This short introduction conveys the complexities associated with the term 'territory' in a clear and accessible manner. It surveys the field and brings theory to ground in the case of Palestine. It provides an interdisciplinary survey of the many strands of research in the field. It addresses specific areas including interpretations of territorial structures; the relationship between territoriality and scale; the validity and fluidity of territory; and the practical, social processes associated with territorial re-configurations. It stresses that our understanding of territory is inseparable from our understanding of power. It uses Israel/Palestine as an extended illustrative case study. The author's strong legal and geographical background gives the work an authoritative perspective.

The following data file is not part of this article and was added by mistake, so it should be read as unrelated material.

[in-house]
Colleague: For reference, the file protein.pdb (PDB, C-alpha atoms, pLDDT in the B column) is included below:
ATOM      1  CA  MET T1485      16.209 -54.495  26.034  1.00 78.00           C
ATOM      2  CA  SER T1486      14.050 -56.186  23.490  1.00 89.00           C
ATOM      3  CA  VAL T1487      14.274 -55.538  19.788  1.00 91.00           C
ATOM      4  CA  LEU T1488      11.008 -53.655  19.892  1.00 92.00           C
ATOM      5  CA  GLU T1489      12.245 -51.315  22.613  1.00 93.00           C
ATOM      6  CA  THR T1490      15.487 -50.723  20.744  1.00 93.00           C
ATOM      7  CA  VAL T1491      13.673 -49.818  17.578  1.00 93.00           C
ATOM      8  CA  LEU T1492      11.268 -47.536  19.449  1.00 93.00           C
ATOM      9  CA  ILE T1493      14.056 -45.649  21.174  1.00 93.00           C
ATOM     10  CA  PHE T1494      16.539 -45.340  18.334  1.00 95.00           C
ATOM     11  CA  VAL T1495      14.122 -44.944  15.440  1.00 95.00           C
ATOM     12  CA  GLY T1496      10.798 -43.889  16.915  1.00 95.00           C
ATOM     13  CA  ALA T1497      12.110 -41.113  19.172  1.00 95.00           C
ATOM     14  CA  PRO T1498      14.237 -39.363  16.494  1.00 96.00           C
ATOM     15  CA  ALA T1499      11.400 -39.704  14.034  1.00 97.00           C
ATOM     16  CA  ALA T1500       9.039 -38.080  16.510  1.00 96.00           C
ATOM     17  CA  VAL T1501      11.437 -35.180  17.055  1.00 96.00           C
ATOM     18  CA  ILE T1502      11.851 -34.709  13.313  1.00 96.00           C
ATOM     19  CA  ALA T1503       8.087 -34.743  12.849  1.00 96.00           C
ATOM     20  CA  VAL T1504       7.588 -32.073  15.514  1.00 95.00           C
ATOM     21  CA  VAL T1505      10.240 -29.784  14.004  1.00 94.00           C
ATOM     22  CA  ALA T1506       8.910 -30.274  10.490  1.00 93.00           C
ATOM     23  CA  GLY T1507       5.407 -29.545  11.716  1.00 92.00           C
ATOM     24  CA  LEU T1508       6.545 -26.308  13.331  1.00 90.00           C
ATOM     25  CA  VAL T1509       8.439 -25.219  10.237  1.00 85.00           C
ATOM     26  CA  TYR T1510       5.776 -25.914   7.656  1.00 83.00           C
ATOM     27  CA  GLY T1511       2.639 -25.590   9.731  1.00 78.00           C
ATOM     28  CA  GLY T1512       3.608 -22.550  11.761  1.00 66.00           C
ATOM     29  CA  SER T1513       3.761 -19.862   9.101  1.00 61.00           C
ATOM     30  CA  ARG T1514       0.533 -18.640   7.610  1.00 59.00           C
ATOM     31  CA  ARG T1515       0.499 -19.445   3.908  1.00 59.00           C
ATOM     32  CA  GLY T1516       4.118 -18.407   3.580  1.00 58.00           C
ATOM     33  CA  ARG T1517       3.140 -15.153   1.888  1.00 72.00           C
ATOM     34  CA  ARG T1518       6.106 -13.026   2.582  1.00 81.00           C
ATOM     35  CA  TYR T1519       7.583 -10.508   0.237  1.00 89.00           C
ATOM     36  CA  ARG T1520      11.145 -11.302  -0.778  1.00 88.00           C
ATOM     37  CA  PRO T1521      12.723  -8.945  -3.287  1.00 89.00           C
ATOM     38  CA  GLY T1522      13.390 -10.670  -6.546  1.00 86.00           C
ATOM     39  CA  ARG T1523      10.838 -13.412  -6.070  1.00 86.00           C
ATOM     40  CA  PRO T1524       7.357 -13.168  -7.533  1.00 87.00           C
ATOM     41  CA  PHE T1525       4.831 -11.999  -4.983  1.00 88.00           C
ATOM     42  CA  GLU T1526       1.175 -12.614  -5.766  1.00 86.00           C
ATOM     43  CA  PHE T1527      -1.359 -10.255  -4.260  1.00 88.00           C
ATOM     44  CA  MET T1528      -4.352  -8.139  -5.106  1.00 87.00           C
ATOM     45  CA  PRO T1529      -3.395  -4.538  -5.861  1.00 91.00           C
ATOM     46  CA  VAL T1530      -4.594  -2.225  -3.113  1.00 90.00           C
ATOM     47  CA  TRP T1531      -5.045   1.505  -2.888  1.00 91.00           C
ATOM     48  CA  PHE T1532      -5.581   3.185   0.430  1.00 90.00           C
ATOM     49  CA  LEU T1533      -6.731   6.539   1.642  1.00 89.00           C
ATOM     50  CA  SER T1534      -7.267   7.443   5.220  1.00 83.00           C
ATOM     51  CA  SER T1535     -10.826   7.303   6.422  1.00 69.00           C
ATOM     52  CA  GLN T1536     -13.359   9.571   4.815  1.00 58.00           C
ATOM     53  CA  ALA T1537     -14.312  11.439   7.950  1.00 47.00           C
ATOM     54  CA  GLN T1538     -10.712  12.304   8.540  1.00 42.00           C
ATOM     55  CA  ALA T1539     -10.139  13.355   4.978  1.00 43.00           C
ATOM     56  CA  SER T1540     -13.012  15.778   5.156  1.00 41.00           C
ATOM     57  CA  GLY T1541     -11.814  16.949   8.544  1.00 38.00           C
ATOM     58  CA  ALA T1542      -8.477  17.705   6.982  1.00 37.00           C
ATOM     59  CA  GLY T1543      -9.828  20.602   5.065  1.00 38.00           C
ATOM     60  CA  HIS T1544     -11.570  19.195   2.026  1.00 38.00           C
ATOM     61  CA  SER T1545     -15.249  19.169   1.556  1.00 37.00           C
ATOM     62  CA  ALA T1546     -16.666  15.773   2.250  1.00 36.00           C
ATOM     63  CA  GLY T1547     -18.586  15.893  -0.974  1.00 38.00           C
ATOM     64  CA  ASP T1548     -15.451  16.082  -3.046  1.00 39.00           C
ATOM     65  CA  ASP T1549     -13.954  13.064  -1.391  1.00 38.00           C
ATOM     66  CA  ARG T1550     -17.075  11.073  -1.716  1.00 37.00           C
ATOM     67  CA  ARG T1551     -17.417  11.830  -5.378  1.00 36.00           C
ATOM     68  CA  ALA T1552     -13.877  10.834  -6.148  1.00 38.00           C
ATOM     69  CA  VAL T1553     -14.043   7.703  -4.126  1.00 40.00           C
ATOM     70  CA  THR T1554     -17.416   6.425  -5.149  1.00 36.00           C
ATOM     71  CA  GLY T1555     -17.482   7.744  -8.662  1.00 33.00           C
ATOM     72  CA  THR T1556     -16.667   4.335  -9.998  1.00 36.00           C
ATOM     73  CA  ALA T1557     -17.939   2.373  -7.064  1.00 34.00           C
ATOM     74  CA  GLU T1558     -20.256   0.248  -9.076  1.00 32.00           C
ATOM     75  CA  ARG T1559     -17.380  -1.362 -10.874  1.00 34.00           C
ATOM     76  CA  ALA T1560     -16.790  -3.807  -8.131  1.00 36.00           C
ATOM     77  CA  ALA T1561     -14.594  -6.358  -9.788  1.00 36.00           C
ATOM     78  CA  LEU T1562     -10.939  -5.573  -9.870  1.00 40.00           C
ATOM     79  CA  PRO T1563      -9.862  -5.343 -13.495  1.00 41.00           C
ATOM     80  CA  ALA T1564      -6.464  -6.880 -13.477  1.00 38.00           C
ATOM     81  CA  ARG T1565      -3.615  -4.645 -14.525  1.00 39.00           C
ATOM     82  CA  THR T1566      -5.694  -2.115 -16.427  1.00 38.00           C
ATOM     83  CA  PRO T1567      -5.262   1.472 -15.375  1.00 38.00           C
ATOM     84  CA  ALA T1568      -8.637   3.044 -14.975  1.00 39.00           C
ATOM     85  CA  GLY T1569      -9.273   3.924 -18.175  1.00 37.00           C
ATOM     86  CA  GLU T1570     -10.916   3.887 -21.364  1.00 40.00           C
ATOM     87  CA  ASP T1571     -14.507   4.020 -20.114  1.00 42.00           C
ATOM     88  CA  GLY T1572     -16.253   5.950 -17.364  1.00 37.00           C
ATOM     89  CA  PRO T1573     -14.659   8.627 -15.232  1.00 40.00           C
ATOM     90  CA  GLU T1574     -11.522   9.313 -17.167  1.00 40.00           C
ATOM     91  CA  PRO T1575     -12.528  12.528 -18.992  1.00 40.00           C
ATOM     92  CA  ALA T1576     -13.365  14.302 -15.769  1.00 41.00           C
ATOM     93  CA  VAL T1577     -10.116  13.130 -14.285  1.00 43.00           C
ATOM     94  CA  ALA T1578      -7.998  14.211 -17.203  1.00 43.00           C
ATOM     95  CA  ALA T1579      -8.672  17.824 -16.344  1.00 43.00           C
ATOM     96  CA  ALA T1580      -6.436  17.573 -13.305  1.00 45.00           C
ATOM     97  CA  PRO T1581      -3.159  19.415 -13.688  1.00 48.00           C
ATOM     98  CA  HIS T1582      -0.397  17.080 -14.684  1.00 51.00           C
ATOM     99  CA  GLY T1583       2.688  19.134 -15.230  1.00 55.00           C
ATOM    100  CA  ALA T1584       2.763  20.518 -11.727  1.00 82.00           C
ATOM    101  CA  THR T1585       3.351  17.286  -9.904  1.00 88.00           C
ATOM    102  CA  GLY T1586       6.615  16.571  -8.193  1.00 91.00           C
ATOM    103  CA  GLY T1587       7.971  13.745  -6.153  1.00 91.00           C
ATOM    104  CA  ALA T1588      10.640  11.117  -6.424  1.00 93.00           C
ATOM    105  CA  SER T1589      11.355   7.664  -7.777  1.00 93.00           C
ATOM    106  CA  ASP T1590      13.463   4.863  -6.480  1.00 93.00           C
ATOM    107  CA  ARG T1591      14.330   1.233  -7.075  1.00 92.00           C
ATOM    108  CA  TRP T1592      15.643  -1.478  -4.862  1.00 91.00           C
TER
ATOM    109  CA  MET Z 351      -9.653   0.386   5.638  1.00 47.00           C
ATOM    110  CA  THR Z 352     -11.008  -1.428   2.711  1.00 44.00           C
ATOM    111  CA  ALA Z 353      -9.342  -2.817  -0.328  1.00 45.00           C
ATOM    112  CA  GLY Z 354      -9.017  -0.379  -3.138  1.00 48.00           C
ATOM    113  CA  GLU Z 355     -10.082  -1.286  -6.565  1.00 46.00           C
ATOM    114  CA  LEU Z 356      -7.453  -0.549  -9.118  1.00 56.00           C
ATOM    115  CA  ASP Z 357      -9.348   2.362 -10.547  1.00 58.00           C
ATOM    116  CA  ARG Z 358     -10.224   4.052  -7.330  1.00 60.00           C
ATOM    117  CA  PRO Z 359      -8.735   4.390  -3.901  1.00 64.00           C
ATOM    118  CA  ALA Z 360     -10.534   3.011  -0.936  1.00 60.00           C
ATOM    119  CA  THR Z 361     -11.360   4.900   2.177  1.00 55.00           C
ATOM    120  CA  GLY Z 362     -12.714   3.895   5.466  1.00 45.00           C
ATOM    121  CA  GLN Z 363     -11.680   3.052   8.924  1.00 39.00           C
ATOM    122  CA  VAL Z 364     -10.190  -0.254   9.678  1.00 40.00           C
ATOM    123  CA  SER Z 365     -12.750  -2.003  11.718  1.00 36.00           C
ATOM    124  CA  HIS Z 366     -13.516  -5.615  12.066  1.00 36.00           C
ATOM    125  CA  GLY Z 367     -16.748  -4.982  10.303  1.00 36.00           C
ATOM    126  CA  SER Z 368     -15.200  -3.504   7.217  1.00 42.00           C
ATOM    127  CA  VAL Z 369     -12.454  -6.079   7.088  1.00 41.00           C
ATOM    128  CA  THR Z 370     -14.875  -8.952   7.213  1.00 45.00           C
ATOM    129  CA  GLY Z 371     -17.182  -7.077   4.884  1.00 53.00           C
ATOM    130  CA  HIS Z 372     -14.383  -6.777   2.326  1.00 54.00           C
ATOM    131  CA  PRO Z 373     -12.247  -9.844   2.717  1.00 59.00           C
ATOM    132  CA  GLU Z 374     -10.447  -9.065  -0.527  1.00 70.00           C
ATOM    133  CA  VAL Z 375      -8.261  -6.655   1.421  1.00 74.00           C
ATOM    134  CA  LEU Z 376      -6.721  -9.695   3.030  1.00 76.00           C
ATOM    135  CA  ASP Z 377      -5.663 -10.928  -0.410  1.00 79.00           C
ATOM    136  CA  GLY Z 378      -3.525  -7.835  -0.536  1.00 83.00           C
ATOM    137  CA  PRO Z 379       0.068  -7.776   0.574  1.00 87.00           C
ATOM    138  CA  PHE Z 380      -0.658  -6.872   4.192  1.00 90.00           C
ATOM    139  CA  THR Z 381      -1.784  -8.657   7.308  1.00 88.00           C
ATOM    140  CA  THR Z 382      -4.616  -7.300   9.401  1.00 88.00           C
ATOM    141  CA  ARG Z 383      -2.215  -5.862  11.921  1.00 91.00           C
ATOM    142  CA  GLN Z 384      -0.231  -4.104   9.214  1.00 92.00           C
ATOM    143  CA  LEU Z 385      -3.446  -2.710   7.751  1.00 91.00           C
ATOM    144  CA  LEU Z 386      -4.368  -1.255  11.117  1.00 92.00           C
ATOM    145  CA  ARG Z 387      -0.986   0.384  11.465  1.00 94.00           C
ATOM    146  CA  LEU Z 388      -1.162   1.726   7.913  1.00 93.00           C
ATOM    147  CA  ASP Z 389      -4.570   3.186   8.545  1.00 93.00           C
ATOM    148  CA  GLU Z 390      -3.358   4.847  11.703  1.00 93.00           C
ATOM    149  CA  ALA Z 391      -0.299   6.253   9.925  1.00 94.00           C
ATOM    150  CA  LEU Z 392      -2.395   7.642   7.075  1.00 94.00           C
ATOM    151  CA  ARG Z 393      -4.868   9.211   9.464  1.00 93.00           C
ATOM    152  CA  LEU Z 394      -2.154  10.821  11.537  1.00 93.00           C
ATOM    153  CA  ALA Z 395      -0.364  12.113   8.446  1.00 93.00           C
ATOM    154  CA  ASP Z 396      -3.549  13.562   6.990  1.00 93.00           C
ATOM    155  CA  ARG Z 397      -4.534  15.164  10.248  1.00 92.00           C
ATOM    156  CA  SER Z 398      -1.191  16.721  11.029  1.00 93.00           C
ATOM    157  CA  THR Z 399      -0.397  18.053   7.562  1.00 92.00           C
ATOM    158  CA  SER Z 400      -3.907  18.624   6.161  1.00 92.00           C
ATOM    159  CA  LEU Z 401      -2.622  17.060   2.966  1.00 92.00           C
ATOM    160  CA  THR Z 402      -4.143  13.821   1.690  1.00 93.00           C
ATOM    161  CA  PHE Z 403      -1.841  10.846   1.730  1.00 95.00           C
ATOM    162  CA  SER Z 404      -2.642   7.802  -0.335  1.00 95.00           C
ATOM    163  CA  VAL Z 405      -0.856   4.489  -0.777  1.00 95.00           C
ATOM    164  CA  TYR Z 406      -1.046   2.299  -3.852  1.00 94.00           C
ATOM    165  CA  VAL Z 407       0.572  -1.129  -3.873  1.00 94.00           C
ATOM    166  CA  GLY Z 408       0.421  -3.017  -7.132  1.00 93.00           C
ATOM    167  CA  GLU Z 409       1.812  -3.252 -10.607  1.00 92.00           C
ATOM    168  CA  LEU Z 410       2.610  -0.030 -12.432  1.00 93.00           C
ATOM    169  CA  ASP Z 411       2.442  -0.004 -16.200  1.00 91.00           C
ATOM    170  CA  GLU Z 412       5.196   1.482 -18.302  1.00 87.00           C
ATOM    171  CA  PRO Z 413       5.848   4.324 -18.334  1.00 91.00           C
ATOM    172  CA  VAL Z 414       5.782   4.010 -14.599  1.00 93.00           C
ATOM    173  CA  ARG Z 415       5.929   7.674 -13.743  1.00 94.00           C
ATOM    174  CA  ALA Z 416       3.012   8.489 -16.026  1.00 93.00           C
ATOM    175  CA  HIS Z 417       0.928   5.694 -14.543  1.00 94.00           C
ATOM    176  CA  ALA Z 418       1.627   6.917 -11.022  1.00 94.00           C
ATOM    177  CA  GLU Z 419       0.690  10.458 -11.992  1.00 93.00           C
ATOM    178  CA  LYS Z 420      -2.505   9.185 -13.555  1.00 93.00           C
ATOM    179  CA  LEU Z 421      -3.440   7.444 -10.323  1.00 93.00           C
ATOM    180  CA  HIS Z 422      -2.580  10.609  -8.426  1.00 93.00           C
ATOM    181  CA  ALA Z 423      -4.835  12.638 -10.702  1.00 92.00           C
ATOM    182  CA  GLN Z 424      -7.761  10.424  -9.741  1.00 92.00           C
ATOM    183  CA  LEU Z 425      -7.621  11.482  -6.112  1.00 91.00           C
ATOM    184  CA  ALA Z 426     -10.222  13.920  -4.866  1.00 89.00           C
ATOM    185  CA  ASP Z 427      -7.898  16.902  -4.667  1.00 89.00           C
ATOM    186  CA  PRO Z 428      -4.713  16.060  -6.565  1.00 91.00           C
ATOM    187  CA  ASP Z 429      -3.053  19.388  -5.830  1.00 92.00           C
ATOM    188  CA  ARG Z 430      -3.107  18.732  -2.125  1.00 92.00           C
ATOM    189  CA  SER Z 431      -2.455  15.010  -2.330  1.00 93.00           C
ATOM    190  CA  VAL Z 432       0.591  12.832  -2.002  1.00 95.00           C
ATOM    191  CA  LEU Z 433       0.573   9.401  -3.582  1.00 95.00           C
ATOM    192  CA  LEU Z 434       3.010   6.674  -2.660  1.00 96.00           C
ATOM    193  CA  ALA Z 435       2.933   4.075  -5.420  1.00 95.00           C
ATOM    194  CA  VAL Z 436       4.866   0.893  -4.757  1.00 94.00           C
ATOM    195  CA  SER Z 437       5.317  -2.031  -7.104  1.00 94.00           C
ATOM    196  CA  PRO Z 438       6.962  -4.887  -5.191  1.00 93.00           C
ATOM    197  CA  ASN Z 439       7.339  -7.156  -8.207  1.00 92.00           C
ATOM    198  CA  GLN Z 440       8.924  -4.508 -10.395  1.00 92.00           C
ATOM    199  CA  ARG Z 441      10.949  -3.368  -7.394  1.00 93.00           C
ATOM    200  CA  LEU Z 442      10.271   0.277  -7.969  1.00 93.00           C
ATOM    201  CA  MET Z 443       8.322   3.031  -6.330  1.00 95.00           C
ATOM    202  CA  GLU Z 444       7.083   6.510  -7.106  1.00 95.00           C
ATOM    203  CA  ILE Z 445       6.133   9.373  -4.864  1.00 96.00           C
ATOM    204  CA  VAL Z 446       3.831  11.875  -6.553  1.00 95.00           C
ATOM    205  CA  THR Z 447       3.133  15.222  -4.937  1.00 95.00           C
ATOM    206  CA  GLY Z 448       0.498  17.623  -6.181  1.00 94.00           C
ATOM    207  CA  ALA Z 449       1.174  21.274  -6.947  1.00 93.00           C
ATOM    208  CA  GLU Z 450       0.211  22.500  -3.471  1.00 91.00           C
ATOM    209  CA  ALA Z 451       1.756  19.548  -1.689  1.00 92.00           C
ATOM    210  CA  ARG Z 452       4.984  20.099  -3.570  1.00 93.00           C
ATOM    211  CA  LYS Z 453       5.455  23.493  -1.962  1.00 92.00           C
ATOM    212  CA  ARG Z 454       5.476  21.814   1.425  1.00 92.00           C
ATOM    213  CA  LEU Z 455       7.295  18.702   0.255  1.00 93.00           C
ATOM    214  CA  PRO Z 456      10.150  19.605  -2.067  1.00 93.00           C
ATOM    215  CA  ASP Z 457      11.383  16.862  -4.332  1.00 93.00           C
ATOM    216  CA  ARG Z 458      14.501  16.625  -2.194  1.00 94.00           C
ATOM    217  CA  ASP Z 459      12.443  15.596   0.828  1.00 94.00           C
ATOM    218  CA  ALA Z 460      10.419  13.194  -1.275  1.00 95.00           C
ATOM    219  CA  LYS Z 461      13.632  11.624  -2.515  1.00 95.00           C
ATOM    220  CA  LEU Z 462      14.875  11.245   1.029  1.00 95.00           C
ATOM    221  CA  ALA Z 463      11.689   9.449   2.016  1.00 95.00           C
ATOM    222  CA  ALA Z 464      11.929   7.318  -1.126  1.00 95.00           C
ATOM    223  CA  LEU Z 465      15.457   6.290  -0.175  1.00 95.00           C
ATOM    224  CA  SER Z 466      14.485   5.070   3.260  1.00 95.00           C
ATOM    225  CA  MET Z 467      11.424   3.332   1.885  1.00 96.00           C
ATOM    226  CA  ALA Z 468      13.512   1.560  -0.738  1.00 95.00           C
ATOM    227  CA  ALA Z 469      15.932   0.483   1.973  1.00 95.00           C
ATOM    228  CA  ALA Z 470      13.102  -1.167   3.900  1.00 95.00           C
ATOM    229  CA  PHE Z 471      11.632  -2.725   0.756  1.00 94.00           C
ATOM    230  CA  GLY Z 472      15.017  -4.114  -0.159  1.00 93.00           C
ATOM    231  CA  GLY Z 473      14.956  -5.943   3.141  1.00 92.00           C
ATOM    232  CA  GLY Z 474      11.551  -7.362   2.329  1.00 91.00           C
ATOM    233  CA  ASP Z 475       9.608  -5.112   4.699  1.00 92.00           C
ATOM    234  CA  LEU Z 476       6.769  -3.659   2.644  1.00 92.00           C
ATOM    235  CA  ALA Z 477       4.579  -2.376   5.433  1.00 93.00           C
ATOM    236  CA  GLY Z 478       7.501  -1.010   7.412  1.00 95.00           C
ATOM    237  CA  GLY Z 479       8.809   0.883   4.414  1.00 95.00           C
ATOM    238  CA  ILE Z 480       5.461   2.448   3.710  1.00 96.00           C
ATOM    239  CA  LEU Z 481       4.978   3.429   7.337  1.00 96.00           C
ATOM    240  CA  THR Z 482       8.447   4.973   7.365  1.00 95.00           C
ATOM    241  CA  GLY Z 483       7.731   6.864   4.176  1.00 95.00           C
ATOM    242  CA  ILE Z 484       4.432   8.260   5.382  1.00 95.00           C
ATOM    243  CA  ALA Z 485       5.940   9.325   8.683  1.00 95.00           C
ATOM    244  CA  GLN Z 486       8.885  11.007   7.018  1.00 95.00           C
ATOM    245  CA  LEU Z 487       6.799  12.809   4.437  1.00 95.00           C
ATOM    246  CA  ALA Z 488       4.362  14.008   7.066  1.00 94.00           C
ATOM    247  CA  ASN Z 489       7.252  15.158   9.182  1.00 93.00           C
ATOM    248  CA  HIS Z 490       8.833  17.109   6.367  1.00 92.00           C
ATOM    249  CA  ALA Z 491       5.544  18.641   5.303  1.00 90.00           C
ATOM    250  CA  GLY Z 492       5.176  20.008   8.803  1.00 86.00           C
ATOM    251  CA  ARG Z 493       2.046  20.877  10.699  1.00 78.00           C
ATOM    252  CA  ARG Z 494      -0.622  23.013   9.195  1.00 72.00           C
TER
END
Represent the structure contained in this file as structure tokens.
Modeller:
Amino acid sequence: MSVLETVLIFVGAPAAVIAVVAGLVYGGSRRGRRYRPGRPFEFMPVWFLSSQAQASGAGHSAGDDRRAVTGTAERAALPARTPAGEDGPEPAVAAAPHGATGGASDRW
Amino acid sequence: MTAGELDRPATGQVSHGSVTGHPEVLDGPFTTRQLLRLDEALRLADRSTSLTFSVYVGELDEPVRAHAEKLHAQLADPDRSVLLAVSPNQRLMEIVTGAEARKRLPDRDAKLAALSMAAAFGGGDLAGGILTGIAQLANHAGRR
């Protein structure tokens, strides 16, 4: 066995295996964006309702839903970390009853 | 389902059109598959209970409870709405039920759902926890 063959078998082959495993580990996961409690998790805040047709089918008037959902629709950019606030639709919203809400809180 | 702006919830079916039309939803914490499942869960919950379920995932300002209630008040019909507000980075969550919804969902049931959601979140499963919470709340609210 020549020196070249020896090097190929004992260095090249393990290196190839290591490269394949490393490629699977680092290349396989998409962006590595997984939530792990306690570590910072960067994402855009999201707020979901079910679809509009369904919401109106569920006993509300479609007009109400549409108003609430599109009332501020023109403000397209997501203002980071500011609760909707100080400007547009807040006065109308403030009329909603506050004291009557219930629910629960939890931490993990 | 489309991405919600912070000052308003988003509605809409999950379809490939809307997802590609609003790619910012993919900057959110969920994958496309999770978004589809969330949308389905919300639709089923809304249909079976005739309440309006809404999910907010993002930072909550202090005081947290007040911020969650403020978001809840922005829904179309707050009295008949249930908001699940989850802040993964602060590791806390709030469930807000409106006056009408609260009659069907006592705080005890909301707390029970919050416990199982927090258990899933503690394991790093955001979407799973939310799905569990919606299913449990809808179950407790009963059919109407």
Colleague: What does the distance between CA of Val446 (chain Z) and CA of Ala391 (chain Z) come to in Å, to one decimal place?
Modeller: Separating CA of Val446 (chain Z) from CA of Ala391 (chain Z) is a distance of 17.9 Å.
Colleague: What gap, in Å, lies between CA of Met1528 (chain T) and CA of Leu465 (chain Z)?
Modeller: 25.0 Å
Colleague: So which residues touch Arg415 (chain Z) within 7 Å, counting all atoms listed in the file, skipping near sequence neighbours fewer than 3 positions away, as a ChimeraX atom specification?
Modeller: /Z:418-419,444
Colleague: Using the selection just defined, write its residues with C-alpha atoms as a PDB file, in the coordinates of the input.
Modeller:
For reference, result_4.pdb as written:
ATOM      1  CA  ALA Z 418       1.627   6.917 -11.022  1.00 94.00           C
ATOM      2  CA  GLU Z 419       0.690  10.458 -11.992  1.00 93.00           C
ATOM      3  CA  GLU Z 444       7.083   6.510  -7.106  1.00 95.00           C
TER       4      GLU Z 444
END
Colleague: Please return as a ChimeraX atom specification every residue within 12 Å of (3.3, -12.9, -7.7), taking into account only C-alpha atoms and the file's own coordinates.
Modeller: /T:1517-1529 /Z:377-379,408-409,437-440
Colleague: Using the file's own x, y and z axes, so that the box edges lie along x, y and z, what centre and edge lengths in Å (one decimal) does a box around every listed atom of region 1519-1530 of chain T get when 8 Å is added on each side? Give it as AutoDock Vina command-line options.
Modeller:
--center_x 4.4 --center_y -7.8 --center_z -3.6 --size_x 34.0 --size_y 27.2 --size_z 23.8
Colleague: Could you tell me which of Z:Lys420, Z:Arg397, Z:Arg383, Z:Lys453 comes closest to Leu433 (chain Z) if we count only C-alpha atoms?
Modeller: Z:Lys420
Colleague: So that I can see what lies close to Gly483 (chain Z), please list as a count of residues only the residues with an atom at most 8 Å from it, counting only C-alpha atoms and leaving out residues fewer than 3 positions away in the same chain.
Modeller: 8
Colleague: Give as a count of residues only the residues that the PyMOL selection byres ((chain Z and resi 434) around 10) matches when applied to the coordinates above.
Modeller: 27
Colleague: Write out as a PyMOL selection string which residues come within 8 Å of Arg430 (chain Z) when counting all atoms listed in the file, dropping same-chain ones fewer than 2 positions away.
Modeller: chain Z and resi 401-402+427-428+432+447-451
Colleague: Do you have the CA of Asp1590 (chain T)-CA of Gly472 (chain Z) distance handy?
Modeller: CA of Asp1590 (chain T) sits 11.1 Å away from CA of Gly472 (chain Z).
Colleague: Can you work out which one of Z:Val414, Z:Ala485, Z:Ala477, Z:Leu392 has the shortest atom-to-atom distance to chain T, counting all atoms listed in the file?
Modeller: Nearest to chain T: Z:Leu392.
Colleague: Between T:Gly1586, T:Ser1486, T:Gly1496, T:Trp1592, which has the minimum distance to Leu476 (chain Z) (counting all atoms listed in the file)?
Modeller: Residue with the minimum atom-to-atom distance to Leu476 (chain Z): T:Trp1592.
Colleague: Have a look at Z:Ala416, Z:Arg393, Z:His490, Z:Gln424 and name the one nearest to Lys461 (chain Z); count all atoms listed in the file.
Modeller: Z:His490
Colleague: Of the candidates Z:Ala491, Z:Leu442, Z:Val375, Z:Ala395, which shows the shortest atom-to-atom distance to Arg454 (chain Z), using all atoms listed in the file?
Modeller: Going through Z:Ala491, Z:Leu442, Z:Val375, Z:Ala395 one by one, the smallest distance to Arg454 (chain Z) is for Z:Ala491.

David Delaney teaches in the Department of Law, Jurisprudence and Social Thought at Amherst College. He is the author of Race, Place and the Law: 1836-1948 (1998) and Law and Nature (2003), and co-editor of The Legal Geographies Reader (Blackwell, 2001).
List of Illustrations.Series Editors' Preface.Acknowledgments.1 Entering the Territory of Territory.2 Disciplining and Undisciplining Territory.3 Human Territoriality and its Boundaries.4 Parsing Palisraelestine.5: Further Explorations.Bibliography.Index.